Breaking the cycle of violence for Somalia’s youth
Somalia’s youth represent the hope for a bright future in their country. But education isn’t enough to disrupt their path toward violence — they also need opportunities to engage with their communities.
Critical Choices, a new report from Mercy Corps that details the findings from the Somali Youth Leaders Initiative, shines a light on a proven method to address underlying drivers of political violence and violent extremism: combining education with opportunities for civic engagement.
“Education plays a critical role in creating an environment where youth are engaged in learning and feel less isolated and excluded,” says Beza Tesfaye, Conflict and Governance Manager for Mercy Corps. “However, education on its own does not address young people’s frustrations with feelings of injustice and being unable to make a positive difference in their communities.”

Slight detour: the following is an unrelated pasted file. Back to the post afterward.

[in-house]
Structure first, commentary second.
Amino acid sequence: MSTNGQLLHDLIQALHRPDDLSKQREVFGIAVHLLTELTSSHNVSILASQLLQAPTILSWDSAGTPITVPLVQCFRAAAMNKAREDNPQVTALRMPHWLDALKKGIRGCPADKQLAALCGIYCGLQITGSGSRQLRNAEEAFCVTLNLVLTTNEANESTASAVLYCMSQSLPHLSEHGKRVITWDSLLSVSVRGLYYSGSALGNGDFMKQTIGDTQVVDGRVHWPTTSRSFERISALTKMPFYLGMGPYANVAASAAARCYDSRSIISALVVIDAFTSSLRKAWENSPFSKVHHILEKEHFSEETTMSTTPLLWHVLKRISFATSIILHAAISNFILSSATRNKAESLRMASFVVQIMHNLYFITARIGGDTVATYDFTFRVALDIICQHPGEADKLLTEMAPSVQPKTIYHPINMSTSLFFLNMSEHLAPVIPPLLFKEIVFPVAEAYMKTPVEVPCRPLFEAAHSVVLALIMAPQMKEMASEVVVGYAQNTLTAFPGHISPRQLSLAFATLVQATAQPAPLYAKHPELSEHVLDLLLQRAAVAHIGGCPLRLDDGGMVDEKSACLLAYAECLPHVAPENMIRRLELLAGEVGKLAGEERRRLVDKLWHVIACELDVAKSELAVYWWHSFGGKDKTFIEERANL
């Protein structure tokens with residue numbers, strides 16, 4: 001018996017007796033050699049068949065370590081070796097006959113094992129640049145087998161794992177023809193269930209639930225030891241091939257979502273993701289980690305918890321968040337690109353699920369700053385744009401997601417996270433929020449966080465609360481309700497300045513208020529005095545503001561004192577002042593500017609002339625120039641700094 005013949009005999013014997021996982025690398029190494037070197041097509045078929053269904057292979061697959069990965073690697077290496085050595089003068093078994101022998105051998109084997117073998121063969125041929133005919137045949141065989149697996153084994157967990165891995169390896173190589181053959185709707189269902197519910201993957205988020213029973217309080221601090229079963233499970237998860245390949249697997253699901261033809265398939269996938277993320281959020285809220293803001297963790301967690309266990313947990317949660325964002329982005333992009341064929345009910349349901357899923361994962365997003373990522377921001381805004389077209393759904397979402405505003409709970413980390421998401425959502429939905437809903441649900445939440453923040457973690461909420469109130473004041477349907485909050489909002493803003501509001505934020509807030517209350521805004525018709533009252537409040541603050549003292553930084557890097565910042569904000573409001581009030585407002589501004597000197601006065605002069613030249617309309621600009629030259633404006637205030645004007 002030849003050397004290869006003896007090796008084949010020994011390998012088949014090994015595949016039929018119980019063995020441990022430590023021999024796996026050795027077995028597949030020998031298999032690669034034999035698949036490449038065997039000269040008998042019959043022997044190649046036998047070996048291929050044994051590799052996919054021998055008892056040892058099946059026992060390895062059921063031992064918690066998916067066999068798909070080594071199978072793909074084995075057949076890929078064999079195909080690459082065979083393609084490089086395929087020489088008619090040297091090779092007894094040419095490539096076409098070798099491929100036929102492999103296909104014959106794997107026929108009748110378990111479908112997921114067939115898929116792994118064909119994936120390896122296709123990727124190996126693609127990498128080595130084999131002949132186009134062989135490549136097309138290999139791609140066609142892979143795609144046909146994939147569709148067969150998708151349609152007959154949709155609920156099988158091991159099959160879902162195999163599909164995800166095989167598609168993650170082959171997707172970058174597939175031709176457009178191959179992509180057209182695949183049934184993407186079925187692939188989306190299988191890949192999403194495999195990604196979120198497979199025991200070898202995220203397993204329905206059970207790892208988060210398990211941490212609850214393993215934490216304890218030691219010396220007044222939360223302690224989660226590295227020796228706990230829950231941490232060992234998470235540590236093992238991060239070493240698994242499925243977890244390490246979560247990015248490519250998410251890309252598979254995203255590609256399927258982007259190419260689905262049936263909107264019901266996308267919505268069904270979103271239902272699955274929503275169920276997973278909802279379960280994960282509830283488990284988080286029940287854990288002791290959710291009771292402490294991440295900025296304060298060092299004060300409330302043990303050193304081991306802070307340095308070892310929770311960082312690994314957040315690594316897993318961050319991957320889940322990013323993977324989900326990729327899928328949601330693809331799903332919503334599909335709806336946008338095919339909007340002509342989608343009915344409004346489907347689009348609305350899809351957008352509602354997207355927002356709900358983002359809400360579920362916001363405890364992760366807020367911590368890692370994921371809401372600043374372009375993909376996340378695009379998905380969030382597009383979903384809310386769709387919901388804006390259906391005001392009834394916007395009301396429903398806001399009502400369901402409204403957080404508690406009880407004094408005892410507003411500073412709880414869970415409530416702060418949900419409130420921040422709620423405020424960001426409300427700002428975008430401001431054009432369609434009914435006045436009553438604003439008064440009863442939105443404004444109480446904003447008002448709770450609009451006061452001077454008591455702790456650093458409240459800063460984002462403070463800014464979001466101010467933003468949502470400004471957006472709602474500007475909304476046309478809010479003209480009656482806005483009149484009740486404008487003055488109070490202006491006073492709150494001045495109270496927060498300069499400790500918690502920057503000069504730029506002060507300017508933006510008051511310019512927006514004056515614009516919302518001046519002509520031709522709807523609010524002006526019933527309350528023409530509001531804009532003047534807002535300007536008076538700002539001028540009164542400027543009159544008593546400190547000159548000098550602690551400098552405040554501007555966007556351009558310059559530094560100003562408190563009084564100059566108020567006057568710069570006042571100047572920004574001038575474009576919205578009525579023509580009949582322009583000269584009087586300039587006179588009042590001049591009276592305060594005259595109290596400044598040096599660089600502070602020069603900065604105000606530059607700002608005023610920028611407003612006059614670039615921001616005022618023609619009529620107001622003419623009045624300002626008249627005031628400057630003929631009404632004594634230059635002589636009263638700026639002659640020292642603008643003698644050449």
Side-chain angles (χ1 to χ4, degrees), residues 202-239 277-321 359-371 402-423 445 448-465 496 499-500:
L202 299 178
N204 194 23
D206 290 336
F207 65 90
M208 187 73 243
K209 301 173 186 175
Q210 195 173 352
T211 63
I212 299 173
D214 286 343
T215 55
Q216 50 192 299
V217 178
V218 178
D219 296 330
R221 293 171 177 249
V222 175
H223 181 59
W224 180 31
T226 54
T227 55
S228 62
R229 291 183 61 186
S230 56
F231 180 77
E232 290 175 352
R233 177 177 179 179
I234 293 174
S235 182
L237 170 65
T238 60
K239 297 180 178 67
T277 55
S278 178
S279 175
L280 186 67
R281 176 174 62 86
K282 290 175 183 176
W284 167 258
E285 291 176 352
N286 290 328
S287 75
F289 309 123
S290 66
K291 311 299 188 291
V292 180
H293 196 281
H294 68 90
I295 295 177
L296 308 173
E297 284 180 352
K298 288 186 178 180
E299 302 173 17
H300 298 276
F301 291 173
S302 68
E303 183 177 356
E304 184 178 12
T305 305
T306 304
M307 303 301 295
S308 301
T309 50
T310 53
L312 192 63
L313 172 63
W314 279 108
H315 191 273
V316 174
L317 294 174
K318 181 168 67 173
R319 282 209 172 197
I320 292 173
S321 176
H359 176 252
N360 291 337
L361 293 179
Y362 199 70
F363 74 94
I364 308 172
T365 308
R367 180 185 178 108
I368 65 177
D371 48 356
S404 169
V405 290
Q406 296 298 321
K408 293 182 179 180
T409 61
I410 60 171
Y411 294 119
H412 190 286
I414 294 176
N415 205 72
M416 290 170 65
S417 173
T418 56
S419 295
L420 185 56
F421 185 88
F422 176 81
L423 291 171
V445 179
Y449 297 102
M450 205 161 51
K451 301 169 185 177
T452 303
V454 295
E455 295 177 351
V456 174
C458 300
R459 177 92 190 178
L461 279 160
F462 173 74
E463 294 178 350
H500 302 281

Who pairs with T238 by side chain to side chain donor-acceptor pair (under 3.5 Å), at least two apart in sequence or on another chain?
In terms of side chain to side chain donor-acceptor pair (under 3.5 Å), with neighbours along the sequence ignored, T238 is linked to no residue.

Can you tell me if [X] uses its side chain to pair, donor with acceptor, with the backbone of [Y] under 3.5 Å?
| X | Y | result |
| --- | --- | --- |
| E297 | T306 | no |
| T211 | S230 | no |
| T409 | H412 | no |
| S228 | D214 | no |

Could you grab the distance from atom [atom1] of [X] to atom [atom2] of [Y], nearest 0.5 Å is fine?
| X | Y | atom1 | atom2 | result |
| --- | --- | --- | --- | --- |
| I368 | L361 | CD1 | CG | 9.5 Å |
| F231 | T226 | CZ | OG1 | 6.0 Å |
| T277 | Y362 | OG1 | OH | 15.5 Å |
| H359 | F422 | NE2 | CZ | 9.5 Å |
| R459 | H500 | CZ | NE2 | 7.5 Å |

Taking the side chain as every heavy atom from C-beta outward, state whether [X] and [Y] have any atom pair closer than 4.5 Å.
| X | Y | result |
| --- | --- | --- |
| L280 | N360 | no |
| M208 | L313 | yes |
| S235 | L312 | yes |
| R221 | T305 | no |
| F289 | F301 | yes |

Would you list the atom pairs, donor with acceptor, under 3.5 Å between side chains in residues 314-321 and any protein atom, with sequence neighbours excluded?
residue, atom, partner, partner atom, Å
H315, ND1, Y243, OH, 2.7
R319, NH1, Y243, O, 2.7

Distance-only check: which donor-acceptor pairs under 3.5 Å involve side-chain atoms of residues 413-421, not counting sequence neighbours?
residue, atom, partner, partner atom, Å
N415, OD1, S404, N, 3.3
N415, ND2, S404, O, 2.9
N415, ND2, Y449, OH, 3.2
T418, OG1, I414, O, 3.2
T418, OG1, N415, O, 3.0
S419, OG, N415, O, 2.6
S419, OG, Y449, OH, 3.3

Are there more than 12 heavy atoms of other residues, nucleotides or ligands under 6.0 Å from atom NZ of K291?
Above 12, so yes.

In interviews with more than 800 youth, Mercy Corps found that when secondary education was combined with civic engagement opportunities such as community action campaigns, youths’ likelihood of participating in violence dropped by 14 percent. Their propensity to support violence dropped by 20 percent.
“Youth account for more than 75 percent of Somalia’s population and represent both the hope for a bright future and a possible source of instability,” Tesfaye says. “Combined with education, giving youth the ability to help their communities fulfills a desire to do something positive, meaningful and impactful.”